Follow Harriet on Twitter
Journal, Day Three
Yesterday was the first day of classes, and I met for the first time with Ahsahta’s new editorial board, the graduate students who will help select the finalists for the 2007 Sawtooth Prize. Our class is called “Small Press Production.”
I’d met the week before with Dennis, the undergraduate intern who will be opening, logging, and filing the entries as they come in over the next two months; we created the skeleton of the database and I explained the procedures. It’s Dennis’s job to remove the identifying parts of the manuscript (the title page with the author’s name and address, the acknowledgments, and the bio if there is one) and file them along with the SASE. He assigns a number to each manuscript and files them in numerical order in file boxes. These are what I brought to the first class session: anonymous manuscripts that have been gathering over the past two weeks.
I have great respect for the contest process. My first book was winner of the Anhinga Press contest in 1993, with Joy Harjo judging. At the time I was working in a corporate job in St. Paul, Minnesota, and was fairly well removed from a poetry community. What I remember most vividly about going to Tallahassee to read in the FSU spring festival the following year was dropping by the post office with the Anhinga Press board member who’d been asked to pick up the mail on the final day of their competition. She returned to the car wheeling five postal bins filled with manuscripts—somewhere around 200, I’d guess. As I helped her load them into the back of her Jeep Cherokee, I knew in my heart that if I’d seen this the year before, I’d have been far too intimidated to enter their contest in the first place. This was one day’s submission! And they all looked alike; how could mine have distinguished itself from the others? How could any?
As the students in my class will quickly find out, the resemblance among manuscripts ends when the envelope is opened. (They will also learn that nearly half the manuscripts in any competition arrive during the last week of the submission period.) Each student took a numbered envelope, and I asked them to give me their first impressions of the manuscripts they held.
“These poems have footnotes,” one said, flipping through his.
Another: “I hate this title.”
Another: “These poems are in very small type.”
Another: “This one is printed landscape.”
It’s inevitable; a manuscript will make a first impression before it’s even read. And, try as they may to be objective evaluators, all readers are human and will react to presentation.
The students in this class are going to learn a lot about presentation, simply by virtue of reading hundreds of entries to the contest. They’ll learn that there is no one right way to present a manuscript, but that there are lots of mistakes they can learn to avoid. I can predict that none of them, after this class, will ever use a script font for an entire manuscript of poems—not because I or anyone else is going to tell them not to, but because they are bound to run across a submission set in a decorative font its author believes enhances the poems, and will discover the barrier that provides for someone trying to read and evaluate the work on its merits. They will form opinions about epigraphs, notes, and titles that will affect their own use of these elements. They will quickly see what’s in fashion: is ekphrastic poetry all the rage this season, or will it be formal verse sequences? Poems about childhood, or about politics? They’ll form opinions about these as well, which will color their decisions in the reading process as well as their own writing. And this is perfectly natural.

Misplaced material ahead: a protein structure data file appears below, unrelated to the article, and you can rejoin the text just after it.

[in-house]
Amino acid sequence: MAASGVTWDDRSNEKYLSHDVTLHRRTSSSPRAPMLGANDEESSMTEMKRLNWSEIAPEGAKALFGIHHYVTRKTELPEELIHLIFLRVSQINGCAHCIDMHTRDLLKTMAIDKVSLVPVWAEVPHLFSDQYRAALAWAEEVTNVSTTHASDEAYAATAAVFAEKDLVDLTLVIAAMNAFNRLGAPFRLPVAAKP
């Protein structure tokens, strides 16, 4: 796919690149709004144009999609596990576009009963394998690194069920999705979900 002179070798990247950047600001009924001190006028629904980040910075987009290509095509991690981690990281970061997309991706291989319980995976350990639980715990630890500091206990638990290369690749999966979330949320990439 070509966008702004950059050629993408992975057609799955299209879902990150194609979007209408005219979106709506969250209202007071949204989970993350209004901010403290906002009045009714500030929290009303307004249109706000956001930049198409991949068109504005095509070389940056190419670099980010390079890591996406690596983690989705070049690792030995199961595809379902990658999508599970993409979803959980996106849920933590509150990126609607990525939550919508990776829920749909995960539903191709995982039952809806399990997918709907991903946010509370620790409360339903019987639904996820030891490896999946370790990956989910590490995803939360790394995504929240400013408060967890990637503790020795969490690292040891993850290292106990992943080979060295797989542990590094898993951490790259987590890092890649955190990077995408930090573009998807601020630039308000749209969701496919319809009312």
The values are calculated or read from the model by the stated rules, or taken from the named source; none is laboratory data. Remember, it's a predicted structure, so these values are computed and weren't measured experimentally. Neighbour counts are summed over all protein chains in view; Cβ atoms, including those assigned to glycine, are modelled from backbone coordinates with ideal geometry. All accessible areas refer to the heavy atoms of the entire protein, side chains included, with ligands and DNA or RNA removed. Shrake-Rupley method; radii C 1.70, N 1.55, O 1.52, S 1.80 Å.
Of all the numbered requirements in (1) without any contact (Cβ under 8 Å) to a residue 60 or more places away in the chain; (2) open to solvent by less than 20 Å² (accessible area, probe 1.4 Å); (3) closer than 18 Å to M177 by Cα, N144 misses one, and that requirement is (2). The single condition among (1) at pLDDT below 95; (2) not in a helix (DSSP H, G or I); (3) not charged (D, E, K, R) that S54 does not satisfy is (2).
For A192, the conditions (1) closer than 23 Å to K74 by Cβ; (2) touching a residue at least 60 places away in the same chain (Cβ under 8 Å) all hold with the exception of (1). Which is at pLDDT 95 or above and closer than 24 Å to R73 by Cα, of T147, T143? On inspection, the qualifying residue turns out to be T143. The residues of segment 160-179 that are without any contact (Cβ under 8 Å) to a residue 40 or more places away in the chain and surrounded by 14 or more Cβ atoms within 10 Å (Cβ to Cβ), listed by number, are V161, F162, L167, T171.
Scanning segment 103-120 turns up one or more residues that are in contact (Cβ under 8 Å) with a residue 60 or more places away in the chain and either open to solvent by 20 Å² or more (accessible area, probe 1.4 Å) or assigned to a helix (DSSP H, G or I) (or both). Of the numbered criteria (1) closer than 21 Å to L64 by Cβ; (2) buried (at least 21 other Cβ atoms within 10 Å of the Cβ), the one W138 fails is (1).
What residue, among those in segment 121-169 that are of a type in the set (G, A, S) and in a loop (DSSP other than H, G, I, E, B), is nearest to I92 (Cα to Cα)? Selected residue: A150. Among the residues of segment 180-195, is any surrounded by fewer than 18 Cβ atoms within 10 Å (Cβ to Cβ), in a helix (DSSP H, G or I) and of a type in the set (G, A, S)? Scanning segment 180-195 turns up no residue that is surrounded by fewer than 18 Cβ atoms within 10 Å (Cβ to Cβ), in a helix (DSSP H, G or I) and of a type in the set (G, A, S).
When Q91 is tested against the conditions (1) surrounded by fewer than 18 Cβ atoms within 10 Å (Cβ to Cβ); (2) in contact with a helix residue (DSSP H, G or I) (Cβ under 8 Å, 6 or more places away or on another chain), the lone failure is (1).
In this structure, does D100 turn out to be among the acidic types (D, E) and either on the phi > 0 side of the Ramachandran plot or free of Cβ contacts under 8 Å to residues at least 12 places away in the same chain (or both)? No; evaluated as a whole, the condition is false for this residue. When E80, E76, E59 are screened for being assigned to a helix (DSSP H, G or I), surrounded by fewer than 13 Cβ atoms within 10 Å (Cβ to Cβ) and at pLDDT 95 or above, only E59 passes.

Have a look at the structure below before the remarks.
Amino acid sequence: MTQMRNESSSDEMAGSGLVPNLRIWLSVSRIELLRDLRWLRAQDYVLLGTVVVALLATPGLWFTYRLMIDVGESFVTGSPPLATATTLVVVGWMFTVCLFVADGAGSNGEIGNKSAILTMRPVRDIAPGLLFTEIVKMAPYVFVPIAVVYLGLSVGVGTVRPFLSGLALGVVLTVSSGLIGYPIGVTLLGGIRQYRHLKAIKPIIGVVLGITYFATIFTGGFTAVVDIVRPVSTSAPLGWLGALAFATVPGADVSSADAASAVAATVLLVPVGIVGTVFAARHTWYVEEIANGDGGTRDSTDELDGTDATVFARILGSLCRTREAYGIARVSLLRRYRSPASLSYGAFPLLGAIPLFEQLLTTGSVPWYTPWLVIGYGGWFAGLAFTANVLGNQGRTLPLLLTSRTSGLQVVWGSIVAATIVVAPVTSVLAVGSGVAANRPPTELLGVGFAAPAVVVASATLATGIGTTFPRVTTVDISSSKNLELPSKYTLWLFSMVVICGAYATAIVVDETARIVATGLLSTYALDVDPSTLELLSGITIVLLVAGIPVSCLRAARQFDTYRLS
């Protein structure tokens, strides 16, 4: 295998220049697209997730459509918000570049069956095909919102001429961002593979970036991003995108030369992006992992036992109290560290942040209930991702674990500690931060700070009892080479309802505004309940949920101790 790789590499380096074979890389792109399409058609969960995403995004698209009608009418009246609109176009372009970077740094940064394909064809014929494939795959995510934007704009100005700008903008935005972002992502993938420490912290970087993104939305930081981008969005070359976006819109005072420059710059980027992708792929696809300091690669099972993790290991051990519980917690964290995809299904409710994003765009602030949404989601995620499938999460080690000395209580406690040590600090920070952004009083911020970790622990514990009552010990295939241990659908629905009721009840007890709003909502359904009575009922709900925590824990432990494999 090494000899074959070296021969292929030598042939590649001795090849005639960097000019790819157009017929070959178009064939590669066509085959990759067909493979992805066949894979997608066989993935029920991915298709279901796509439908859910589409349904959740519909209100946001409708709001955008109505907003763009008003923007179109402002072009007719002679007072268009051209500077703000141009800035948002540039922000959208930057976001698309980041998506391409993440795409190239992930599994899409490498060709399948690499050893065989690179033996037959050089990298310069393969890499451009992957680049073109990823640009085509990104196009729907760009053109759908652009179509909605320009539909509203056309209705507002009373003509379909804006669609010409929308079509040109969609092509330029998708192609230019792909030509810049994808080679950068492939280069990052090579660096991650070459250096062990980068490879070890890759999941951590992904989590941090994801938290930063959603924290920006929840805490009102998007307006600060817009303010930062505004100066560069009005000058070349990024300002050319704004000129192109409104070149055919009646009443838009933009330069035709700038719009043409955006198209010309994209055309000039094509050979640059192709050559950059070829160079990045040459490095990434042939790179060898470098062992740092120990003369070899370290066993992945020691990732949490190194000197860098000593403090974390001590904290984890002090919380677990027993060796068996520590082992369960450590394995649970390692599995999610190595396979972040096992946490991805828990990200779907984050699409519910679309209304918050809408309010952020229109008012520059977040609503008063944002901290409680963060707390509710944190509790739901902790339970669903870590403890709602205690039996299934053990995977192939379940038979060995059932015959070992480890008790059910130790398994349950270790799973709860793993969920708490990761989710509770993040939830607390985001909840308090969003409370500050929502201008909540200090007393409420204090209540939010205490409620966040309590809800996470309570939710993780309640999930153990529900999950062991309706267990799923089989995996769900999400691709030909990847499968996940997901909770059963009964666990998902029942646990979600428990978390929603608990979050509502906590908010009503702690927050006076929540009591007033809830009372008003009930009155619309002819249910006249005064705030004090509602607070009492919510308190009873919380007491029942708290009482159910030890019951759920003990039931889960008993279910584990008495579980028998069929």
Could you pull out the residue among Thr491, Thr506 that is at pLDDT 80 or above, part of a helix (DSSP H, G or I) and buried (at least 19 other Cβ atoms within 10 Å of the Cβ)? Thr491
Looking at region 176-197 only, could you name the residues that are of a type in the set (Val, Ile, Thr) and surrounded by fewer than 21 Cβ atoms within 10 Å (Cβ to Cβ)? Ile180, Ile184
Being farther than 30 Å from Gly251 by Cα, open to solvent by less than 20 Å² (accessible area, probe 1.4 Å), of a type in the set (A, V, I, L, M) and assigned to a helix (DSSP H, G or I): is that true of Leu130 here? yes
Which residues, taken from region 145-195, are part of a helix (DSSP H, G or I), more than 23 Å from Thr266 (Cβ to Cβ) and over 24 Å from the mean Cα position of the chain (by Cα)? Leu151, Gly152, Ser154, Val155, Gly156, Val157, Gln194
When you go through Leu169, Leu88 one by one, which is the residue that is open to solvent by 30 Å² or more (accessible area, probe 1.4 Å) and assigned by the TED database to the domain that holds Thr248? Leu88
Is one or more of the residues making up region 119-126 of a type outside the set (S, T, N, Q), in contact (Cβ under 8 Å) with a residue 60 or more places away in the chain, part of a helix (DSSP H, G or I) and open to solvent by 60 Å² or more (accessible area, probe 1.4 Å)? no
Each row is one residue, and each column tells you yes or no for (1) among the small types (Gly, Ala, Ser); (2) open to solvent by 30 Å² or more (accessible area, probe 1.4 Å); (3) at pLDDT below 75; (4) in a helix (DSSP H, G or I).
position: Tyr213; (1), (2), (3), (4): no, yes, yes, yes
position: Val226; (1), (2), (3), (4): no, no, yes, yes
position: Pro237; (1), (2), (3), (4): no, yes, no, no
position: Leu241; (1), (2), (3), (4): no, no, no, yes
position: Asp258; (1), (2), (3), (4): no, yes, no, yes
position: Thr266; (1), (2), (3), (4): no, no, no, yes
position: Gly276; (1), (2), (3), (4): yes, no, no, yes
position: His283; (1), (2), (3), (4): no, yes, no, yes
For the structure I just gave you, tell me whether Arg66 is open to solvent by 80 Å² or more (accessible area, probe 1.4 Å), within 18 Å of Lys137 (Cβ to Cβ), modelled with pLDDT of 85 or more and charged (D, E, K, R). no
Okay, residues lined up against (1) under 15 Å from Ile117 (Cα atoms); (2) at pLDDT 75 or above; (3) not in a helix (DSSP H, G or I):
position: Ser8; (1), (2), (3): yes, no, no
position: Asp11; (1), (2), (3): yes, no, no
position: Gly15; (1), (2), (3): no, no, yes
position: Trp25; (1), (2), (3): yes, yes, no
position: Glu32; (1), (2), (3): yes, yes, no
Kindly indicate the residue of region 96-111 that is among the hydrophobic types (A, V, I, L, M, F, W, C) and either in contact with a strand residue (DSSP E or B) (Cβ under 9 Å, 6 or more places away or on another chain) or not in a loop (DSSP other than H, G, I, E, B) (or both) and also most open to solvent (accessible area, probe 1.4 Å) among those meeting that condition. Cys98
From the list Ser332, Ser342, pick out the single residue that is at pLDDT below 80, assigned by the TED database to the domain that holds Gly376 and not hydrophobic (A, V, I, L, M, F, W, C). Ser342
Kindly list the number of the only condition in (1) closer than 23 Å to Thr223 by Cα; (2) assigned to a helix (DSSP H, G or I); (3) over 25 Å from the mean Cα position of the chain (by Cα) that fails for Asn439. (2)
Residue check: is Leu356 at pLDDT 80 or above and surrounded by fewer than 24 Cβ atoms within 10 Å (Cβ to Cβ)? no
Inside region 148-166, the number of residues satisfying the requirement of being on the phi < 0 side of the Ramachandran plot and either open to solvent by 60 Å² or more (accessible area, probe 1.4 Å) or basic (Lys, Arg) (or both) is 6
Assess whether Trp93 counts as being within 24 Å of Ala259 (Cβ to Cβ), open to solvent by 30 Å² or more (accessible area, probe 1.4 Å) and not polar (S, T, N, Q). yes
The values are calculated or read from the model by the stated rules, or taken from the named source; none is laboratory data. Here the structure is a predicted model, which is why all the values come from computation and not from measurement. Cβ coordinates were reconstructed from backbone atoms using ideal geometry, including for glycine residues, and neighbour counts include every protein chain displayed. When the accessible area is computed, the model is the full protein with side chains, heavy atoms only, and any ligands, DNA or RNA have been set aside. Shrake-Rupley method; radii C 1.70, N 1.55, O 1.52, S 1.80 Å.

I once heard Donald Justice deliver a lecture (later, I believe, printed as an essay) on the manuscripts he read while serving as a member of an NEA panel determining who would receive the literature grants in poetry. He had set everything up in statistics: 34% of poets preferred “gray” to “grey,” for example. (I’m making the percentages up.) I remember vividly his saying that Georgia O’Keeffe was the most popular human subject for poems that year (after people’s grandparents), but that only a small percentage of poets could spell her name correctly. (I can assure you that two e’s and two f’s is the correct spelling; I made a point to look it up afterwards and haven’t forgotten.) He said cancer was the “most popular cause of death.” Justice’s lecture was meant to be funny, and many in the audience of students duly laughed; I found the performance condescending, an eminence grise ridiculing the unfortunate masses. We in the know, he seemed to be saying, know that spelling “gray” with an “e” is an affectation! Those people are dopes! He was lecturing to students; we all knew poems from our workshops that fit the descriptions he was mocking. The laughter was nervous.
He was, of course, just giving us his subjective evaluation of the flaws in the NEA manuscript sample, not the Word of God. And I guess the lesson I took away was You can’t please everybody. There aren’t objective judges of poetry out there; there are only carbon-based life forms filled with aesthetic beliefs, political opinions, spiritual lives, dysfunctional relationships, happy memories, and amorphous needs who can’t help bringing all that to the process. In the best of circumstances they’ll make great efforts to be as objective as possible. I urge my students to try to put their preferences behind them when they’re reading, and I do the same.
If I had any advice for contest entrants, it’s this. As poets submitting manuscripts, your best bet is to present the work as plainly as you can so its individual power—its language, its structure, its idiosyncratic subject matter, its beauty or transgressiveness—can distinguish it. Beyond that, there aren’t any rules.